Everyone I can find (on LinkedIn after 30 min of quik surfing just now) who has left has gone to a quality shop in PE (Stone Point, Blackstone, Aquiline, TA Associates, Parthenon, JC Flowers, Olyan, Accel, Accel-KKR) or elsewhere (Apple, Uber, Lending Club) but many many have stayed a long time as well it seems. So, please at least do your homework before spreading more trollisms. Plus i'm not sure why you glorify Moelis and Lazard which are just bloated bulgetiques who do not have track records of same success. Again, just did the surfing myself. Does not take long, do the work, I was surprised myself.

Array
 
Oct 23, 2019 - 10:19am

dontworrybehappy:

Everyone I can find (on LinkedIn after 30 min of quik surfing just now) who has left has gone to a quality shop in PE (Stone Point, Blackstone, Aquiline, TA Associates, Parthenon, JC Flowers, Olyan, Accel, Accel-KKR) or elsewhere (Apple, Uber, Lending Club) but many many have stayed a long time as well it seems. So, please at least do your homework before spreading more trollisms. Plus i'm not sure why you glorify Moelis and Lazard which are just bloated bulgetiques who do not have track records of same success. Again, just did the surfing myself. Does not take long, do the work, I was surprised myself.

Give it up man. Nobody is going to actually believe what you are spewing.

 
Oct 26, 2019 - 9:27pm

What's pretty obvious is you are a troll trying very hard to spread false information. That's what's blatantly obvious.

Array
 
Oct 26, 2019 - 9:44pm

@dontworrybehappy
What kind of banker acts like this over some people on the internet saying they don't like their firm's culture? Are you a middle schooler? If anything you're making FTP look worse for hiring someone this immature. The firm clearly has solid dealflow and that's all you should really care about. Stop worrying about how people perceive the other issues the firm is bound to have (just like EVERY other bank) because it just makes you look like an insecure child.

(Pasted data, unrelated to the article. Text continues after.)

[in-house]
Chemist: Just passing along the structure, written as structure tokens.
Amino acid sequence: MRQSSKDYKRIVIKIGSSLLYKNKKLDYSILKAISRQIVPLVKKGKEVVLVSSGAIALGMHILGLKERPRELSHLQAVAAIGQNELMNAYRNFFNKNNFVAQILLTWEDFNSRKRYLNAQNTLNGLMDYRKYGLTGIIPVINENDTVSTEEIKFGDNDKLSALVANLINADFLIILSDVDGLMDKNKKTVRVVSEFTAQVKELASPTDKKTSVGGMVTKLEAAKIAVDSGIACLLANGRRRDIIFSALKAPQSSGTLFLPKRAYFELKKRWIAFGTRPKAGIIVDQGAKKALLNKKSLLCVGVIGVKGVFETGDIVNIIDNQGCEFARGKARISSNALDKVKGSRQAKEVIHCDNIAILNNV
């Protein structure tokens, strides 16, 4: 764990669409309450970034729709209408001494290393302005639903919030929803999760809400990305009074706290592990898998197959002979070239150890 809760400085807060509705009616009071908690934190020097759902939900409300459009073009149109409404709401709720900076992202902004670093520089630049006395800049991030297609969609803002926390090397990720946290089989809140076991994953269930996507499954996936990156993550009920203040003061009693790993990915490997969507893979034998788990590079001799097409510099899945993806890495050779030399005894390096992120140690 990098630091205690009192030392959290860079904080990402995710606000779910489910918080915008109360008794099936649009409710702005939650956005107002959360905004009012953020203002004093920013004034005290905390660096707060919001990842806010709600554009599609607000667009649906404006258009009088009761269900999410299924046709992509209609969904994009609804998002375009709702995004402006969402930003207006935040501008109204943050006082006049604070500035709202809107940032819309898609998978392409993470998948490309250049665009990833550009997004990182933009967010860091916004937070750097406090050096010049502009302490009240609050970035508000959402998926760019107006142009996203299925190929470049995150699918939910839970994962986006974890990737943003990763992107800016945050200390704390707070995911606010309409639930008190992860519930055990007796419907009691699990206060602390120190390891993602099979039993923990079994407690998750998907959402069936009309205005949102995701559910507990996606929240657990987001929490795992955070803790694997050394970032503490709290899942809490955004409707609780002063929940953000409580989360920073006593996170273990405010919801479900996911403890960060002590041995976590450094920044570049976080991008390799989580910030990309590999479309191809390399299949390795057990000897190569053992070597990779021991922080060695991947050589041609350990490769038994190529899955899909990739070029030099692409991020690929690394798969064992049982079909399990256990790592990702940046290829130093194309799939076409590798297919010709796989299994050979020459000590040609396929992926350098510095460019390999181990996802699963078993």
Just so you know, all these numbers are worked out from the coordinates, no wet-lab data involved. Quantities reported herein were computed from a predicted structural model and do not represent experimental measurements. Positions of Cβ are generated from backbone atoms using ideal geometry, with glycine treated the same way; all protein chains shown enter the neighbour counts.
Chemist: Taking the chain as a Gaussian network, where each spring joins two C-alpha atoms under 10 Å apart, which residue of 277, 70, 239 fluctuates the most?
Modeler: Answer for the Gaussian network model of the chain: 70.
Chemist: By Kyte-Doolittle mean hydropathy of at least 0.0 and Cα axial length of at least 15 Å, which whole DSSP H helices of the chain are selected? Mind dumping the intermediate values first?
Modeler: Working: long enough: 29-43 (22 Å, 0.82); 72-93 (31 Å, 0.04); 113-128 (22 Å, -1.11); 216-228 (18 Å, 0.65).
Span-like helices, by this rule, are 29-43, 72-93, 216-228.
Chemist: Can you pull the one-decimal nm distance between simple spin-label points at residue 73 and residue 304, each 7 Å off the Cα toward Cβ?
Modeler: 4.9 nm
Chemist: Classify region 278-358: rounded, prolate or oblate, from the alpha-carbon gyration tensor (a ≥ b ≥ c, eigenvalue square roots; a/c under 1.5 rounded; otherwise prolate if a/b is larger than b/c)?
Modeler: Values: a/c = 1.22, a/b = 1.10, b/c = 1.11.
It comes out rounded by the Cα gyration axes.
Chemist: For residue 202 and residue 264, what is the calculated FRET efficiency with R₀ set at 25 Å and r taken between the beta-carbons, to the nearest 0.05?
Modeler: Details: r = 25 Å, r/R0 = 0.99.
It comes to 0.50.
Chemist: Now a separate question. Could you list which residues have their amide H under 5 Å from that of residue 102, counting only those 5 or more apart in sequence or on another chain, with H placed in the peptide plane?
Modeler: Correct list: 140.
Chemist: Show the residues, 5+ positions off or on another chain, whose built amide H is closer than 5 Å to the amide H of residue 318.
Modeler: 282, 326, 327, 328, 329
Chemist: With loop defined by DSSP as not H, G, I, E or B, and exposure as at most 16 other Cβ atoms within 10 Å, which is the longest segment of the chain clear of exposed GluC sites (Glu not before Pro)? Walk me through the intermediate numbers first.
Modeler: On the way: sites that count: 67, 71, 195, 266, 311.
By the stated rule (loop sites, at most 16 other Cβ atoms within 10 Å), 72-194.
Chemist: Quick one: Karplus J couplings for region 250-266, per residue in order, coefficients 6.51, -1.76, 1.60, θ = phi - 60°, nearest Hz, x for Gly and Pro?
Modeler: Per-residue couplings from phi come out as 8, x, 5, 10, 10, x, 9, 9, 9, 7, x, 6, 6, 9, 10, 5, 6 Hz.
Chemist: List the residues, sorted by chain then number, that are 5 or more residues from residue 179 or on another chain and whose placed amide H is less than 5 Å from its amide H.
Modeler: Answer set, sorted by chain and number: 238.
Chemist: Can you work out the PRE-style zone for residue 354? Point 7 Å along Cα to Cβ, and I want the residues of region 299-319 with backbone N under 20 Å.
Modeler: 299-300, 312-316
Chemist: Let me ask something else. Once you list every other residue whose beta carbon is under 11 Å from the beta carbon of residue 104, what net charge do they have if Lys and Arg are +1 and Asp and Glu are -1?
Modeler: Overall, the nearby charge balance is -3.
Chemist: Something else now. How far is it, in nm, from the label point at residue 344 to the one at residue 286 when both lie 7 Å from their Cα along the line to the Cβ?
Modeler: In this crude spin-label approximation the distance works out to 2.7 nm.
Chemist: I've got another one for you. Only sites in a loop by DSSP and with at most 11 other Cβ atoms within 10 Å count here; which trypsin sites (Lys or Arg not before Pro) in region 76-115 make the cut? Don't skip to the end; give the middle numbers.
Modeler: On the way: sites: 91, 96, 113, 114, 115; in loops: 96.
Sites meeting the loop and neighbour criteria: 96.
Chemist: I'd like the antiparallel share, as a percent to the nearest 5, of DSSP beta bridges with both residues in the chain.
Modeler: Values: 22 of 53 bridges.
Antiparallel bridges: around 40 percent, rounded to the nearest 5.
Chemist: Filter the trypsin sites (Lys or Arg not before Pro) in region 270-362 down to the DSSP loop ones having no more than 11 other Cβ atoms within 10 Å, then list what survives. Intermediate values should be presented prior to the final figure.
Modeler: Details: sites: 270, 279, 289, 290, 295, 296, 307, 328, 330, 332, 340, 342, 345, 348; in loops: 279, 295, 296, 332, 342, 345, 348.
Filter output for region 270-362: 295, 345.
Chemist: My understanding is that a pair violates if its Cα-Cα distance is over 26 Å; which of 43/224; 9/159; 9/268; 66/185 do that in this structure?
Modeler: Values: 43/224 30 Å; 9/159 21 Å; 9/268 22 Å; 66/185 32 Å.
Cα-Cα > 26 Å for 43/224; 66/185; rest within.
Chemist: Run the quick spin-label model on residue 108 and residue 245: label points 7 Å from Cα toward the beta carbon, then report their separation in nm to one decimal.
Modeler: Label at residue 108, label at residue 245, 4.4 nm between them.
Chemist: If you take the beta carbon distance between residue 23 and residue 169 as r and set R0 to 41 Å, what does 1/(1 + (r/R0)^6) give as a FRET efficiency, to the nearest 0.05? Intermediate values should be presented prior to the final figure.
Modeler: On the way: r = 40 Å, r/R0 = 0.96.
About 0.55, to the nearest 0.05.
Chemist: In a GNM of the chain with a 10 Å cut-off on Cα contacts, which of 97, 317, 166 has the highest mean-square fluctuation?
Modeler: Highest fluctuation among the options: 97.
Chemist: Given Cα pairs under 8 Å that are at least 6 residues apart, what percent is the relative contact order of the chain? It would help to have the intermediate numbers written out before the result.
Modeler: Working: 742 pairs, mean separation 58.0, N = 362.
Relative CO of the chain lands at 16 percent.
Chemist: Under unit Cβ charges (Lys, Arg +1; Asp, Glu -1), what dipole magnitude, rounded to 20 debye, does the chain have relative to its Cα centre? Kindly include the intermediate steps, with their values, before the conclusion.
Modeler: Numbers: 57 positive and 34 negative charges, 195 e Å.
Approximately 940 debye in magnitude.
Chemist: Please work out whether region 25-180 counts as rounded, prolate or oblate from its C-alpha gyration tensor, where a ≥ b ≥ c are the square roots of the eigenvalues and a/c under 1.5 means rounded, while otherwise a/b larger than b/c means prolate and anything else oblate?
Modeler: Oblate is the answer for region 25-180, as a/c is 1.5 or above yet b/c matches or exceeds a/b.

• Analyst 1 in IB-M&A
Dec 11, 2019 - 5:39am

Guys, they got on Bloomberg. Then again, they posted like 4-5 new reviews on Glassdoor (all 5-star positive reviews). They're an up and coming business though. Poised for future success due to their high LTV/CAC and efficiency with their IBD and RBD teams.

It doesn't matter that analysts and associates work on holidays even this past Thanksgiving and probably this Christmas because look, I know it sucks but deals have to get done. In the end, you won't look back with regret when you're working those days because you'll be able to say: "Look, I got a deal done because of this and you will be a happy person." You will deserve respect and people will give it to you as you walk around with your deal toy and show it to others around the office as someone would do. "Hey, look at my deal toy. You should work just as hard as me to secure a deal toy." That is the motivation that you should give to others to be able to make strides for the firm and put it on the top.